About the Book
The botched robbery didn’t do it. Neither did the three gunshots. It wasn’t until he flatlined twice and was administered last rites that David Borkowski finally realized he was about to die, a thug at age fifteen. A Shot Story: From Juvie to Ph.D. is a riveting account of how a bullet to his lungs saved his life and helped a juvenile delinquent turn his life around to become an esteemed English professor.
Growing up in a working-class section of Staten Island, David and his friends thought they had all the answers: They knew where to hang out without being hassled, where to get high, and what to do if the cops showed up. But when David and his friend called in a pizza order so they could rob the delivery man, things didn’t turn out as they’d planned. Staring down the barrel of a gun, David and his friend panicked and took off as the cop fired. Convinced they were shooting harmless “salt” bullets, David darted through front lawns as the cops gave chase. It wasn’t until much later, when David was bleeding to death, that the cops realized they had hit one of their own—the son of a fellow cop.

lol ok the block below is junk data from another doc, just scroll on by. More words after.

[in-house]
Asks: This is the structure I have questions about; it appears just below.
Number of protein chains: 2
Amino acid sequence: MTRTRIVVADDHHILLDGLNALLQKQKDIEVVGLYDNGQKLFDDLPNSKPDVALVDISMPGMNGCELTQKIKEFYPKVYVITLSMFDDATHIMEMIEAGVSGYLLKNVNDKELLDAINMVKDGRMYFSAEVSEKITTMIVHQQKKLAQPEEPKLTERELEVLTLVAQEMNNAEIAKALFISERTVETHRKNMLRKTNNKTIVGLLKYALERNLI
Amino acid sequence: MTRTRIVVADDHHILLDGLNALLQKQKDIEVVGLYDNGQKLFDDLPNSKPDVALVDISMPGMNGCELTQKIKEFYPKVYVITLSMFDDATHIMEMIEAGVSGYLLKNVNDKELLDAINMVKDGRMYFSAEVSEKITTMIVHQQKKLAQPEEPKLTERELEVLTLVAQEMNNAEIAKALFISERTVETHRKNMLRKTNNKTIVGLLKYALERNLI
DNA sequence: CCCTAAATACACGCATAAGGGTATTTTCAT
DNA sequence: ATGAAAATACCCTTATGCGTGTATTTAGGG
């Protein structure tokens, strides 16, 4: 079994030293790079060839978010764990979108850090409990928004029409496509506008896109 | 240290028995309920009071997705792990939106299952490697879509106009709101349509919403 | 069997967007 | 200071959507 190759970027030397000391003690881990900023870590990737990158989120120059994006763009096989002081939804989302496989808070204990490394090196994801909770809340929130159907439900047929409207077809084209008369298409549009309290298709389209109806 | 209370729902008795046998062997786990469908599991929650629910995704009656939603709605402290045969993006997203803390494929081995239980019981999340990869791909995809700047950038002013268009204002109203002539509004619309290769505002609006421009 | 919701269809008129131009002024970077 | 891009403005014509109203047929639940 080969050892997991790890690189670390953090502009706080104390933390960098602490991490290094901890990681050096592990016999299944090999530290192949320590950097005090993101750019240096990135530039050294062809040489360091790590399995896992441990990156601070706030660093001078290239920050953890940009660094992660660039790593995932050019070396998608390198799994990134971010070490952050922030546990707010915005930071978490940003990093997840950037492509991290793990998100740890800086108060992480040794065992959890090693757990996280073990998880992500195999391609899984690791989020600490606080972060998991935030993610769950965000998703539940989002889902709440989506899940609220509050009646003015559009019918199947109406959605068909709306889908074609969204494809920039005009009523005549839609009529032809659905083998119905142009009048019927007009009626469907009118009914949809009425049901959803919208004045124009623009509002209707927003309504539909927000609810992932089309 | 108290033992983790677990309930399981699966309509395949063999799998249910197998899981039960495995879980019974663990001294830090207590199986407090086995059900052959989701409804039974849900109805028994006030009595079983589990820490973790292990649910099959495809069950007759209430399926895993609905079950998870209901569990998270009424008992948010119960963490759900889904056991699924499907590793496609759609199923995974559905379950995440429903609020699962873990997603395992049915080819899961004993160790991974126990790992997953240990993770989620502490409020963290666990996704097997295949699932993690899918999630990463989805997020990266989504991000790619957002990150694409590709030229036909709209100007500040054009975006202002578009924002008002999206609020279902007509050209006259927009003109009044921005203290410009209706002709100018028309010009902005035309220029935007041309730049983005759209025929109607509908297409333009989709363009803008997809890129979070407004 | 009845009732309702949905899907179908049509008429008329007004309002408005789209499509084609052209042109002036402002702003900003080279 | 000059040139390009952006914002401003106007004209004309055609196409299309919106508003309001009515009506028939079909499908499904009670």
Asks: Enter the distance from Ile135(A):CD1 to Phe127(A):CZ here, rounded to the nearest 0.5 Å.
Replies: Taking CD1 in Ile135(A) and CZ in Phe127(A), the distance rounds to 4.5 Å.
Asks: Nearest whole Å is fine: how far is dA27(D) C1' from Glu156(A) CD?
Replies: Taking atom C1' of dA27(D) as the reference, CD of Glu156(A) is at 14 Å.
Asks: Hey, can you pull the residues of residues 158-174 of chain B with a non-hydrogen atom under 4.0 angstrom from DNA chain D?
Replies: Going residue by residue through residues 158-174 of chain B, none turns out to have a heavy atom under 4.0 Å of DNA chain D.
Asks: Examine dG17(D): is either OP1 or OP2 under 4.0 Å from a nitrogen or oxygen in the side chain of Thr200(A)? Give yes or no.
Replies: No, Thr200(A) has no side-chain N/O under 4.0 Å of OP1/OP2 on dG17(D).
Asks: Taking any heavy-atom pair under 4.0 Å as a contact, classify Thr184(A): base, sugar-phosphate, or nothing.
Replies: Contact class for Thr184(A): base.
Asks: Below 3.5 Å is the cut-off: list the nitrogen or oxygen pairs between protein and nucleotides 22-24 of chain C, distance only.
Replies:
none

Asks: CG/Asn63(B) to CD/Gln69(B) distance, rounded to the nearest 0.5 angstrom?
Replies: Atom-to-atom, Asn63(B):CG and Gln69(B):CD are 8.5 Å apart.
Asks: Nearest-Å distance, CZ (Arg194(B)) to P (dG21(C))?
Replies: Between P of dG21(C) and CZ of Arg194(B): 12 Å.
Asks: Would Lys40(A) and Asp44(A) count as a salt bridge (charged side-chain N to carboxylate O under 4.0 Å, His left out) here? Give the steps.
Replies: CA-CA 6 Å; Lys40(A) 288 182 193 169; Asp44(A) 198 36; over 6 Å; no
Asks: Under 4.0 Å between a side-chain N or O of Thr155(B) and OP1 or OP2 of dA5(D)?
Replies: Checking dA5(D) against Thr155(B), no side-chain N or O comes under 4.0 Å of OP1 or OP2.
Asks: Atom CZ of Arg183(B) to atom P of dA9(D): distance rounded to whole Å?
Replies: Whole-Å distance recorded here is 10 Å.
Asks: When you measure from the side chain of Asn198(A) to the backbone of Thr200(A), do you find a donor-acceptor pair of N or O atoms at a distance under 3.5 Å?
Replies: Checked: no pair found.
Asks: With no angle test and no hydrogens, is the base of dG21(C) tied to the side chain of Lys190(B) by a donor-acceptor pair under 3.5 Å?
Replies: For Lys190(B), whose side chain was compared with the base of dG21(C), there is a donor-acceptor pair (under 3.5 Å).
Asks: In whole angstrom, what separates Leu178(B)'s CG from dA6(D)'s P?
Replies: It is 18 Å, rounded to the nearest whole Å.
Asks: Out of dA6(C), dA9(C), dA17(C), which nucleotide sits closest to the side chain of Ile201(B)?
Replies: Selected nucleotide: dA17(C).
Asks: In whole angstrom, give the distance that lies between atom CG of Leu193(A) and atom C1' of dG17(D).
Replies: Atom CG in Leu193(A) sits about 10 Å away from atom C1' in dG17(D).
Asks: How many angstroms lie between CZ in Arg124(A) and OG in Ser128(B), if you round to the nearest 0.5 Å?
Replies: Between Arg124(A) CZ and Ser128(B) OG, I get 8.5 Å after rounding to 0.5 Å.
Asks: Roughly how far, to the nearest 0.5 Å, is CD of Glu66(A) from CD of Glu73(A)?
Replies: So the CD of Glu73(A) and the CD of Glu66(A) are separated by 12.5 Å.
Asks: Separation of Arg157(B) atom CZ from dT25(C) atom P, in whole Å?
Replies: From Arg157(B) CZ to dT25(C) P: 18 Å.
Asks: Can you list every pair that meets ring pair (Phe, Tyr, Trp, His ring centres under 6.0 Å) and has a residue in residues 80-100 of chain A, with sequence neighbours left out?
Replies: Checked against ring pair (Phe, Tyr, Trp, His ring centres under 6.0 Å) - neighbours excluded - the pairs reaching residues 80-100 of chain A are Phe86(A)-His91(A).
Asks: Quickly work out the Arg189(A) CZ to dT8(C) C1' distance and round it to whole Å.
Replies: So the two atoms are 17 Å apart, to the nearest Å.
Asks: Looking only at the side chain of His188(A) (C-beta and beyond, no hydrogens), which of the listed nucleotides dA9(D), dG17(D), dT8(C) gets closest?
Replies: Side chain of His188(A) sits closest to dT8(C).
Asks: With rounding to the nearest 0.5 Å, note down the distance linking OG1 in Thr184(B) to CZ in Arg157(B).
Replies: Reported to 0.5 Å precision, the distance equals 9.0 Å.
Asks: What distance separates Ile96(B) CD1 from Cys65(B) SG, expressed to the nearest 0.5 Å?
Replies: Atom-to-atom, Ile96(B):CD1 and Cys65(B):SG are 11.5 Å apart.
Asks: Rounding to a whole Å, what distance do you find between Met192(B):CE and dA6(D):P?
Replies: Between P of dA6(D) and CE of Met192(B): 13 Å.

Borderline illiterate at the time of the shooting, David took his future into his own hands and found salvation in books. But his attempts to improve his life were stymied by lack of familial support. Bound on all sides by adults who had no faith in his ability to learn or to succeed, David persevered and earned his Ph.D., even as his mother reminded him that it wasn’t too late to take the New York City Sanitation Department test.
Funny and poignant, but always honest and reflective, A Shot Story tracks David Borkowski’s life before and after the “accident” and tells how his having been a rather unremarkable student early on may have been a blessing in disguise. A wonderful addition to the working-class narrative genre, A Shot Story presents a gripping account of the silences of working-class culture as well as the male subculture of Staten Island. Through his heartfelt memoir, Borkowski explores the universal lesson of turning a wrong into a rite of passage.